Mental health matters new biography looks at thelonious monk’s music and mental health opinion gas hydrates are used


Monk’s angular melodies and dissonant harmonies sounded so strange to contemporary ears that critics tended to create an "art brut" persona for Monk. They saw him as springing onto to the scene unschooled and thus uncontaminated by traditional Western musical forms. Not surprisingly, the portrait of Monk as some kind of musical feral child was inaccurate. He was fully conversant in classical music and enjoyed Rachmaninoff, Stravinsky, Bartok, Chopin – especially as refracted through his piano contemporary Vladimir Horowitz.

Monk’s behavior added to the public perception of his oddity. He loved strange hats and for years performed in them. He tended to get up from his piano and dance during the solos of his band mates. He was chronically late for gigs. He loved to drink, he smoked marijuana regularly and occasionally used harder drugs. He was famous for staying up for days in a row, searching for a friend with a piano or just walking the streets. He frequently appeared to fall asleep at the keyboard. Sometimes, he would go weeks without speaking, once never talking to his fellow musicians on a European tour.

"Although it took nearly two more decades before doctors would correctly diagnose Monk as bipolar, he had begun to exhibit classic symptoms of the disorder … that would occur more frequently in the years to come," writes Kelley about Monk’s illness during the late 1950s. The symptoms – alternating states of mania and depression – had begun in the early 1940s when Monk was in his 20’s. Heredity likely played a role in Monk’s illness. His father, who exhibited similar symptoms, died in a state mental institution in North Carolina after years as a resident.

Kelley sides with a growing body of literature that challenges the notion that creativity springs from travails of mental illness and addiction. Monk himself objected to portraits that rooted his art in insanity – or dismissed it for the same reason.

Monk’s extraordinary songs often bear everyday titles. On "Underground," the 1968 record that turned me onto Monk, you can find a song called "In Walked Bud," named for his good friend and piano player Bud Powell. "Boo-Boo’s Birthday" uses his daughter’s nickname. Monk named "Green Chimneys" for Boo-Boo’s school and played the tune at a fundraiser for school. On "Genius of Modern Music, Vol. I," which I’m listening to as I write, you’ll find a song named for Monk’s first love, Rubie Richardson, and one called "Evonce," slang for marijuana, by early band mates Idrees Sulieman and Ike Quebec.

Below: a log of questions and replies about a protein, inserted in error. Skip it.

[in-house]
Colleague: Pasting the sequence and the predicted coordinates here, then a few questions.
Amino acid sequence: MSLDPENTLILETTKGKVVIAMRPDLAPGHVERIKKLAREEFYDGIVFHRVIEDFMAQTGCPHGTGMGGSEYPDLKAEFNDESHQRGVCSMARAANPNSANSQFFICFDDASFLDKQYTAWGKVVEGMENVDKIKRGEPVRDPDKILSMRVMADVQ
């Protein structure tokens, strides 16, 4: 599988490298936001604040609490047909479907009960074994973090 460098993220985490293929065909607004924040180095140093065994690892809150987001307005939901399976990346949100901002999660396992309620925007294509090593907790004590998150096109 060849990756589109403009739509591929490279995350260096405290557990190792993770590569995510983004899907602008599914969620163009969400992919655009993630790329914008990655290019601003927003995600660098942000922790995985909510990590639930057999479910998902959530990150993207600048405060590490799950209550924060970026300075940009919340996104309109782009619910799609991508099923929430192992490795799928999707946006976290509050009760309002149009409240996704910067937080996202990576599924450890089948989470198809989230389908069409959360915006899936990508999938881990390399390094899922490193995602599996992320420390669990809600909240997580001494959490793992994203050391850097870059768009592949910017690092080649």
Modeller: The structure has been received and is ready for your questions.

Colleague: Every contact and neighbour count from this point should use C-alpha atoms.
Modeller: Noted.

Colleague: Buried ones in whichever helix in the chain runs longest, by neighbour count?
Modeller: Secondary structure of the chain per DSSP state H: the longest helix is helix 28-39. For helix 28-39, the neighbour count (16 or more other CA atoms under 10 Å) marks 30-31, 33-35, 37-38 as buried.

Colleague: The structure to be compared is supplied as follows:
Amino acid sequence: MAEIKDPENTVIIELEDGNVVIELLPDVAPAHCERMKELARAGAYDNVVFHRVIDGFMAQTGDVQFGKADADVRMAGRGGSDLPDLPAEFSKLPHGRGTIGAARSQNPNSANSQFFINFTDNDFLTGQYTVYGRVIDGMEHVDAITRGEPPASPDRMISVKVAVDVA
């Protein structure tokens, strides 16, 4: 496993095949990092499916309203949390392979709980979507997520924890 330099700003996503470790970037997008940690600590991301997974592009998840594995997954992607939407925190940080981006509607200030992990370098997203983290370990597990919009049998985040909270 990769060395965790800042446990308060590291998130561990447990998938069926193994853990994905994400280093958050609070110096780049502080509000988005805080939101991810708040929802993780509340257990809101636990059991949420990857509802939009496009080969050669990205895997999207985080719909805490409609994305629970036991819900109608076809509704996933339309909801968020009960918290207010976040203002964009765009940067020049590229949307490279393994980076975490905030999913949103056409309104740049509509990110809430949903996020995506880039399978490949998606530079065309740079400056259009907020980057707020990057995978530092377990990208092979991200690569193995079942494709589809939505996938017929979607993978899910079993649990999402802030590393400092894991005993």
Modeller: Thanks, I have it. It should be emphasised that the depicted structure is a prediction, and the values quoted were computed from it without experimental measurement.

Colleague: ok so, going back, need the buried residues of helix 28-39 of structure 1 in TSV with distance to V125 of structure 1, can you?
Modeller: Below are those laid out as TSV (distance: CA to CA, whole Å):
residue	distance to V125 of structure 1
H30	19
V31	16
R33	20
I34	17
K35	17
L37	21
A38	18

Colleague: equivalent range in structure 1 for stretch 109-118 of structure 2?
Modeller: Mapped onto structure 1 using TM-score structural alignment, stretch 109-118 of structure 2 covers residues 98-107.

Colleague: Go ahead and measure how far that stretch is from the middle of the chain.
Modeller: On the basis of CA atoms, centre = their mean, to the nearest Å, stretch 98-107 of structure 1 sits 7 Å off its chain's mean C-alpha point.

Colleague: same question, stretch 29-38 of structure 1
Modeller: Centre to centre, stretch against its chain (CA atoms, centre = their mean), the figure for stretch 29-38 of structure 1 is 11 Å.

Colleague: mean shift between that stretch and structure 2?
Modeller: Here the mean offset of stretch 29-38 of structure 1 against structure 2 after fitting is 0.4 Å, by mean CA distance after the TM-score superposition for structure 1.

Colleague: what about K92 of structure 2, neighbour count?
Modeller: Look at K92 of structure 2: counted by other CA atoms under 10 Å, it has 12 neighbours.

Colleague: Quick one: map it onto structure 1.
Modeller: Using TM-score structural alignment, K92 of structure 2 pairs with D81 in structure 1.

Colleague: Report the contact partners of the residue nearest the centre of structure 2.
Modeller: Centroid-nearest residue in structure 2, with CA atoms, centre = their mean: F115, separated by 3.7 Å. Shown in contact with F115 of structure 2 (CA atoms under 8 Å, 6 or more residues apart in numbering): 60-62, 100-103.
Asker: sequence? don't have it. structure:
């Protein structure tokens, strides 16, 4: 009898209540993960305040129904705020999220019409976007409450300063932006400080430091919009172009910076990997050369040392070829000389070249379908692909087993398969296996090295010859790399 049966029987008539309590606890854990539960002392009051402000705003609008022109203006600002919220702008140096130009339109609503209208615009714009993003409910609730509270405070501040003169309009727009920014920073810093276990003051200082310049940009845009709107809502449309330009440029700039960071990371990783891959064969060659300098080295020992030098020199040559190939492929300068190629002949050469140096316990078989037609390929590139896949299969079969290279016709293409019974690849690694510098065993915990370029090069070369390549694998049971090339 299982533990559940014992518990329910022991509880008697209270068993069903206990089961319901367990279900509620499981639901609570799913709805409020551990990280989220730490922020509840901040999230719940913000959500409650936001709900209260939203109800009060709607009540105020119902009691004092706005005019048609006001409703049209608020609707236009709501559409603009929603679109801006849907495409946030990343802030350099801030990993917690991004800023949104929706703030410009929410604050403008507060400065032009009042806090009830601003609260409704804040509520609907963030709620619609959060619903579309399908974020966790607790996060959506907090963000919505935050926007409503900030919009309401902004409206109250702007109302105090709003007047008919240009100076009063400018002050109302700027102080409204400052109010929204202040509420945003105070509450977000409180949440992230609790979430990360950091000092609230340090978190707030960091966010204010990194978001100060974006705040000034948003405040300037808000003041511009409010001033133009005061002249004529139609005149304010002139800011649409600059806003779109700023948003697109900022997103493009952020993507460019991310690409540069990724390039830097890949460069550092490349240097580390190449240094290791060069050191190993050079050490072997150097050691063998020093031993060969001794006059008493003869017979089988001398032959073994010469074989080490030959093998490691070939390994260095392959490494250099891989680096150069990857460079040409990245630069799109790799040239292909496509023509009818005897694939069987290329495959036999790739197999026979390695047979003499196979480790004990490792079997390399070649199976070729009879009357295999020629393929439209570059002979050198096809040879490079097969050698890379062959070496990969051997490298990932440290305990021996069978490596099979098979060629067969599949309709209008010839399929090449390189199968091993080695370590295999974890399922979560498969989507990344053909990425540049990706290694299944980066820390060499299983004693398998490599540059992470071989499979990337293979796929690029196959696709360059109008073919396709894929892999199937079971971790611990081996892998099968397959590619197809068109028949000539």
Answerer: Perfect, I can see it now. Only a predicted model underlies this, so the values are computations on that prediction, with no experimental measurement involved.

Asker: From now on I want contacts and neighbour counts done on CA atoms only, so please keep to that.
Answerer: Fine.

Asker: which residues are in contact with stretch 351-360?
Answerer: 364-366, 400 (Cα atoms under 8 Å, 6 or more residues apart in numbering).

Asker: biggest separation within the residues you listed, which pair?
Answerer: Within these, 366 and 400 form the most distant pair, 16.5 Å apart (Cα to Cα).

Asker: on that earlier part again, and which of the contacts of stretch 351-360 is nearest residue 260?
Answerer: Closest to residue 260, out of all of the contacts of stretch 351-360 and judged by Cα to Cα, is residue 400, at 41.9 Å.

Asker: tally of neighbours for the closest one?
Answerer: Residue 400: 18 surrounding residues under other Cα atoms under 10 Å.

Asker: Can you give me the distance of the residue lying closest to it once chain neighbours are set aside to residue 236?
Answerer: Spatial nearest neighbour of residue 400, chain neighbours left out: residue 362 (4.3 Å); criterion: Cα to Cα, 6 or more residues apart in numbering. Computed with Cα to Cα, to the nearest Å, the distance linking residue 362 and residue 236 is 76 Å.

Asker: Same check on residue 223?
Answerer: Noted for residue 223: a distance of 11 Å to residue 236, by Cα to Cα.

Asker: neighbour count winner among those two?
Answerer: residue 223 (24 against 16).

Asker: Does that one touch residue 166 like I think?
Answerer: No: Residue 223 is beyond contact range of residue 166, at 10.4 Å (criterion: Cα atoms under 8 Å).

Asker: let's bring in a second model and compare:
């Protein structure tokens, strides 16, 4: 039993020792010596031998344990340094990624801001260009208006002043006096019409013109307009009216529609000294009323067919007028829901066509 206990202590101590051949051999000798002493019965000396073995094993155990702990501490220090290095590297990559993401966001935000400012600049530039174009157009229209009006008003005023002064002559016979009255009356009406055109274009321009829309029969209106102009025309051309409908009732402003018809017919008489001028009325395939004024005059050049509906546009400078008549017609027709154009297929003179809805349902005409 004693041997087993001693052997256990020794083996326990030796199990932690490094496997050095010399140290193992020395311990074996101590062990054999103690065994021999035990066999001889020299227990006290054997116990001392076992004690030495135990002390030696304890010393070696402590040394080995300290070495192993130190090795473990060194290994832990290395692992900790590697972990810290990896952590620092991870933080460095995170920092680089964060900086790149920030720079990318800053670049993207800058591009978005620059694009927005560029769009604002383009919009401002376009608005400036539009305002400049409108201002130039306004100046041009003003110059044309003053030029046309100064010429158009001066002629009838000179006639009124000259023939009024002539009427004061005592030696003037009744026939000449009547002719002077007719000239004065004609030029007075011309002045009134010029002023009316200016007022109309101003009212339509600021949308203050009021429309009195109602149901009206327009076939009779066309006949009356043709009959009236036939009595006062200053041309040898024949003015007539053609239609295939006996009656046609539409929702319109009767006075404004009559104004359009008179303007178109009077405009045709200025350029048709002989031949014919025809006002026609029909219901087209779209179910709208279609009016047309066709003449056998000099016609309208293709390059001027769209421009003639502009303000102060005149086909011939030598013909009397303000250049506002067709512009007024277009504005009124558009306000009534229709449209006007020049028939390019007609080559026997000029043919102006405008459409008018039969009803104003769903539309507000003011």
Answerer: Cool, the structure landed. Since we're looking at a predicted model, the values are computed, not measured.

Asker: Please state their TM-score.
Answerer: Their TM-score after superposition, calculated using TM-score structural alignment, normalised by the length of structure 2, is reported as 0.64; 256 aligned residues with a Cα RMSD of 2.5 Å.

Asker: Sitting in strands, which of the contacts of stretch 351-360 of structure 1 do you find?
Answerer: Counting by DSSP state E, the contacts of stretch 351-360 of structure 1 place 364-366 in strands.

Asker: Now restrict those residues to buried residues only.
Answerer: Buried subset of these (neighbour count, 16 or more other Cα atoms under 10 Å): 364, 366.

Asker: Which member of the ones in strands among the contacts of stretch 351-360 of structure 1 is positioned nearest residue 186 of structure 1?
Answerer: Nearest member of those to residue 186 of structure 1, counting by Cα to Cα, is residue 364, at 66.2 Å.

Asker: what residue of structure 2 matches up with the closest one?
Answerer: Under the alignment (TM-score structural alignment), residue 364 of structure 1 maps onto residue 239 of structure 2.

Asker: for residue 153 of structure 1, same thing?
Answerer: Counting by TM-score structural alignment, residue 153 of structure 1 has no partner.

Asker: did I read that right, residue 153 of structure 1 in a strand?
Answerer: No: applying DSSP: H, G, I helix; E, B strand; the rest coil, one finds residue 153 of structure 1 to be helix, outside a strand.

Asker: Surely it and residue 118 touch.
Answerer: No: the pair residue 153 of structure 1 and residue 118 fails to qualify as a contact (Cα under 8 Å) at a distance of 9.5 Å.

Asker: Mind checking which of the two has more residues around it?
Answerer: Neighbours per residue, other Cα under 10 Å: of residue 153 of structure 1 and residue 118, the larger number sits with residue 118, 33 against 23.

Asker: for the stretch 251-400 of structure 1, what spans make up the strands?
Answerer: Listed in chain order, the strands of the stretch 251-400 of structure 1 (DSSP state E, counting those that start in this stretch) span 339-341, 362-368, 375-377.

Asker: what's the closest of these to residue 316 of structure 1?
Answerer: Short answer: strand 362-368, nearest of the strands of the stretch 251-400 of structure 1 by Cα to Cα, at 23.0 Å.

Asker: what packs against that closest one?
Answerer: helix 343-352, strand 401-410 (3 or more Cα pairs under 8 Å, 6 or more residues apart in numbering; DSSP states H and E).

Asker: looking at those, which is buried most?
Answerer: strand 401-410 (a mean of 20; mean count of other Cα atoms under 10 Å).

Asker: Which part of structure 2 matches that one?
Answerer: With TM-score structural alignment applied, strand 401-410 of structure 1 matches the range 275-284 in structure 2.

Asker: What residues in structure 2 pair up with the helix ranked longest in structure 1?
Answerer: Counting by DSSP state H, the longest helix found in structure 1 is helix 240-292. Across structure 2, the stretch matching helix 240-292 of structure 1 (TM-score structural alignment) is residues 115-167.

"Whether or not Monk produced his best work during a ‘manic phase’" – and there is plenty of evidence that Monk produced stellar work even while depressed – "is less important than the overall impact his illness had on his ability to work and social relationships," Kelley writes. "The fact is, his bipolar disorder often made it difficult to work, lost him jobs, and put undue stress on his family – especially (his wife) Nellie. For someone so family-oriented who did not begin to make a decent living until he was over 40, there is nothing romantic or desirable about playing the tortured artist."

Having a disease of the brain in the 1940s and 1950s meant fighting an uphill battle. Stigma was ferocious. The New York City police officer, for example, who first committed Monk to a psychiatric hospital following a traffic accident, left a note on Monk’s car, "Psycho taken to Bellevue" – and never informed his wife. The treatments du jour for mental illness were lock-up, electro-shock therapy – which did not help Monk – and the first blunt wave of psycho- pharmacology, which would revolutionize mental health treatment in the 1970s and 1980s.

"Very few psychiatrists, let alone lay people, understood the causes and nature of bipolar disorder at the time, so it is not surprising that musicians, fans and especially journalists interpreted Monk’s behaviors as quirky personality traits or evidence of eccentricity," Kelley writes. "The jazz club was a veritable health hazard: Alcohol was not only the clubs’ primary commodity and raison d’être, but club owners often encouraged musicians to ‘run a tab,’ which was then deducted from the night’s pay. Narcotics and other illegal drugs were readily available."

In other words, jazz musicians who happened have mental illnesses found it easy to self-medicate with drinks and drugs, exacerbating their illnesses. They would have been better off to skip the cocktails, speed and heroin, and instead use their art – their beautifully complex compositions and dizzying performances – as their elixirs, much as jazz fans do today.